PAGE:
3. Firebase’s realtime features can now be captured as GraphQL subscriptions which offer a similar level of abstraction and convenience to us without having to much about with the underlying sockets, connections and things.

This is an example of a live-query that fetches user with id 1, their articles and any changes to that slice of data (spanning multiple tables) will automatically be sent to the client:  

subscription {
  user(where: {id: {_eq: 1}}) {
    id
    name
    email
    articles {
      id
      title
      content
    }
  }
}

While firebase is arguably still more convenient GraphQL is more generic and allows app developers to bring a similar joy in consuming a backend API to any backend.

2. Firebase vs. Postgres

One of the major problems with Firebase is the inability to scale to more complex requirements that invariably arise. Simple features like being able to query the database or create aggregations/transformations over large volumes of data become inconvenient and in some cases impossible.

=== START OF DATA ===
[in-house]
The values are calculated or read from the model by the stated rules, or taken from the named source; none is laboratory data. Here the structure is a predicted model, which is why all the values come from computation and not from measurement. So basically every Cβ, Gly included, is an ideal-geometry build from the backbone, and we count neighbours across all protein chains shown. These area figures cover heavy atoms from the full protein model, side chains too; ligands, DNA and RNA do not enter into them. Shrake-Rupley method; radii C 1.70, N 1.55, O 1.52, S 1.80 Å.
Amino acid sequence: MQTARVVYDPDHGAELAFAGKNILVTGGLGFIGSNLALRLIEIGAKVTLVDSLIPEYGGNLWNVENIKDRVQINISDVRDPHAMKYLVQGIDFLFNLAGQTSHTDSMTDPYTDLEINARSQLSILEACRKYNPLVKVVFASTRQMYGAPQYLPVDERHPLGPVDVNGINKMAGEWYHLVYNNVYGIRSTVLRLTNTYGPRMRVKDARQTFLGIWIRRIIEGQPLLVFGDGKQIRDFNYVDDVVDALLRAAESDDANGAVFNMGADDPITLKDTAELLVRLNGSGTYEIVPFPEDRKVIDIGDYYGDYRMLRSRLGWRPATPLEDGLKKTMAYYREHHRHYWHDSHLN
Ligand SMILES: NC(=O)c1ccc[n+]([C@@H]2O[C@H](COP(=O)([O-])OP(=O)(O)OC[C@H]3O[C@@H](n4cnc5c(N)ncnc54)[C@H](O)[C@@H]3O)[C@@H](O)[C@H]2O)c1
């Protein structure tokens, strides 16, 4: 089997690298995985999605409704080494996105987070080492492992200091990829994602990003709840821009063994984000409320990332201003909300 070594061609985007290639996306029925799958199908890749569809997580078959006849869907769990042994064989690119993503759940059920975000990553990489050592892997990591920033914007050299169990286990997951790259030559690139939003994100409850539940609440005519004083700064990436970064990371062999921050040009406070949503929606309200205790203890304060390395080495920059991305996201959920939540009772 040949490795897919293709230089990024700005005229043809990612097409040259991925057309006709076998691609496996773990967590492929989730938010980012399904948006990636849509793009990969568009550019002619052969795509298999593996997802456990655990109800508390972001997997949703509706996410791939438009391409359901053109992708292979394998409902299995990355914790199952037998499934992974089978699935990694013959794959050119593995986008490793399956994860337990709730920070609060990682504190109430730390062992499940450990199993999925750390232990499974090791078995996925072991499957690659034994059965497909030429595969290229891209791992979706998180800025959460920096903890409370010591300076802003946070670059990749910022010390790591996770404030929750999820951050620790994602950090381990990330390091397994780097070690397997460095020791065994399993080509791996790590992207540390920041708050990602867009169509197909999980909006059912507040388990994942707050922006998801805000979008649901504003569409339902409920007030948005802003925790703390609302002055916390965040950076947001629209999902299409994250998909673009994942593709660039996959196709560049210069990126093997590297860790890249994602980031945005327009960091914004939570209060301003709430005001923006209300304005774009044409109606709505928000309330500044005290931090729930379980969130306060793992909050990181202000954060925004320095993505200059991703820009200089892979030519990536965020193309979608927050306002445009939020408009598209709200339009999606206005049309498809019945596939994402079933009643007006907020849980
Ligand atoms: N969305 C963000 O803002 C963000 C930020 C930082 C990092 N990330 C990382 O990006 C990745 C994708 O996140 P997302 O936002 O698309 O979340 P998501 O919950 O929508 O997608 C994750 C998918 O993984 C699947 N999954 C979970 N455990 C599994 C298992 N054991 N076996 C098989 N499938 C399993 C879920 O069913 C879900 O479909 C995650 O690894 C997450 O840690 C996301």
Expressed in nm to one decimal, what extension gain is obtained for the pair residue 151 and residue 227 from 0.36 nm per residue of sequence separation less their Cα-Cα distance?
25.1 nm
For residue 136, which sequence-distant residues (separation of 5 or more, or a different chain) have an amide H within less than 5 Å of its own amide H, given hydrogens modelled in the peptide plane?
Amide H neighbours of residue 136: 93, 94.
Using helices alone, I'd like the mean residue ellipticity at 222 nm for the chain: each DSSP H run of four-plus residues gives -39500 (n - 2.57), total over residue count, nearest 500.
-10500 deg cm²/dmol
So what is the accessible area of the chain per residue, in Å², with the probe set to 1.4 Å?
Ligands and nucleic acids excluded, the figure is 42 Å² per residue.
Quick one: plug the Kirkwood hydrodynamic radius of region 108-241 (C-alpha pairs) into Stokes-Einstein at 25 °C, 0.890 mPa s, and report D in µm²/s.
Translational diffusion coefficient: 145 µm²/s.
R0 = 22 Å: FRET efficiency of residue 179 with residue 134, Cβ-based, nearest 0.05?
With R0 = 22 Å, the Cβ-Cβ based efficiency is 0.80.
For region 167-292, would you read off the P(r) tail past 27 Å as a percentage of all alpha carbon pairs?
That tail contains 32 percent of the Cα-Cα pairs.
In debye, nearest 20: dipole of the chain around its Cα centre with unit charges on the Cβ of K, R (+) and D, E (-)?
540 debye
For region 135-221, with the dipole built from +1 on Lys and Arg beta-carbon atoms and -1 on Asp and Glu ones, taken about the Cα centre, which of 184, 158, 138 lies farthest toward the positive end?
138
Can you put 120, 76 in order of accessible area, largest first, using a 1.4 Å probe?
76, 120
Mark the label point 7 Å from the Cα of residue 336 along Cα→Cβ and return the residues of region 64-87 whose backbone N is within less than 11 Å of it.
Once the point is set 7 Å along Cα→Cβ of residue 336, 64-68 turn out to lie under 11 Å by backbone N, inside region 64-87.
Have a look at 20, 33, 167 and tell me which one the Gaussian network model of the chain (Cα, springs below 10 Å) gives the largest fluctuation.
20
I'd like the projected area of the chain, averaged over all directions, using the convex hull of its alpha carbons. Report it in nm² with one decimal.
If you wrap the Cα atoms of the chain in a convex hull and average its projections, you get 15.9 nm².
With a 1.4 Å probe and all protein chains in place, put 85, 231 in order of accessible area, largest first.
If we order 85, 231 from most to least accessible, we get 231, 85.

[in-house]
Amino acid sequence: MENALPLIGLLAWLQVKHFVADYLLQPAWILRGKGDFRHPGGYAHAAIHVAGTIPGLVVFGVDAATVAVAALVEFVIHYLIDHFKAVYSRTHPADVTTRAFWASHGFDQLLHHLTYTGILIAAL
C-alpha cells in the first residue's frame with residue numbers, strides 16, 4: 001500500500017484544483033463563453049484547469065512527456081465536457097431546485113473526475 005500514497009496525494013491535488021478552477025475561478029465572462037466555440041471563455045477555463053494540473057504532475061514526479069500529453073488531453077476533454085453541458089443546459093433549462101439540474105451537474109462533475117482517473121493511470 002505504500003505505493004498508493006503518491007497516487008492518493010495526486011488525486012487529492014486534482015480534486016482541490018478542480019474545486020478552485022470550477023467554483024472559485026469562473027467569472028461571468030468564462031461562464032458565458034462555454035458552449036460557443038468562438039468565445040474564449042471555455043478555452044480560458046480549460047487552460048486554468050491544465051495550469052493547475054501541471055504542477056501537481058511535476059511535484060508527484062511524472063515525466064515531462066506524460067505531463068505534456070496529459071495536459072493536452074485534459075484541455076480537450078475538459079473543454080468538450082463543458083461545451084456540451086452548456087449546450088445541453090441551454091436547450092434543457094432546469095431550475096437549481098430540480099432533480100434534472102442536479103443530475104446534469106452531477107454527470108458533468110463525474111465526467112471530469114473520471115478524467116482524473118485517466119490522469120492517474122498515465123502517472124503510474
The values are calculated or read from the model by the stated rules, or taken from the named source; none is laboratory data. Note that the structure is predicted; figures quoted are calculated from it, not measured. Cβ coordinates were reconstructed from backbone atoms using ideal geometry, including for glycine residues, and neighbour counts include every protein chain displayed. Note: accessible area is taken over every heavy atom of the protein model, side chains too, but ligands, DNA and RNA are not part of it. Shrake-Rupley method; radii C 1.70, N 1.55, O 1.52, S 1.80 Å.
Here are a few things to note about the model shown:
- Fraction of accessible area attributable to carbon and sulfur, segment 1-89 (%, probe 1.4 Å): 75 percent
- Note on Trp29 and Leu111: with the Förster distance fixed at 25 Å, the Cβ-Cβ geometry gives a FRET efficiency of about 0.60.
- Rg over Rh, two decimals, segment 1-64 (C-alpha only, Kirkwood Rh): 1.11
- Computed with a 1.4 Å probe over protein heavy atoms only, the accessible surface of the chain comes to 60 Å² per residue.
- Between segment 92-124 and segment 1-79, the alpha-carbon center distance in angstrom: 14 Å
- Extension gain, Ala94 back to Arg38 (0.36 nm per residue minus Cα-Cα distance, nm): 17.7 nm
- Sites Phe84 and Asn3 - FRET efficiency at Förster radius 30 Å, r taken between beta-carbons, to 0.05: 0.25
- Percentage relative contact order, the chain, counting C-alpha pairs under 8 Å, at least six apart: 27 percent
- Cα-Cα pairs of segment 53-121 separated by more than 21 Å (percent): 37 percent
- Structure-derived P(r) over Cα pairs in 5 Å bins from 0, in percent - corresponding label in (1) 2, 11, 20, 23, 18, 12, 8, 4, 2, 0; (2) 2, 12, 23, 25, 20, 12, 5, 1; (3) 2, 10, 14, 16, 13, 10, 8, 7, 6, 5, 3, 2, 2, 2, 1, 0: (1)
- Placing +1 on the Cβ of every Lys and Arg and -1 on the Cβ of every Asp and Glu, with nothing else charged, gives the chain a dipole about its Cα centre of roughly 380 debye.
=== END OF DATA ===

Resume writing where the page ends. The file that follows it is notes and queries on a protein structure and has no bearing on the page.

Considering that we have an opportunity to preserve the same developer experience with GraphQL, including realtime features and move to the world’s most advanced open-source database, why not!

The solution

We built the Hasura GraphQL engine (github) to give app developers an instant realtime GraphQL API on postgres. This combines the awesomeness of Postgres as a database with the developer experience of GraphQL to be able to build applications without writing any code on the backend.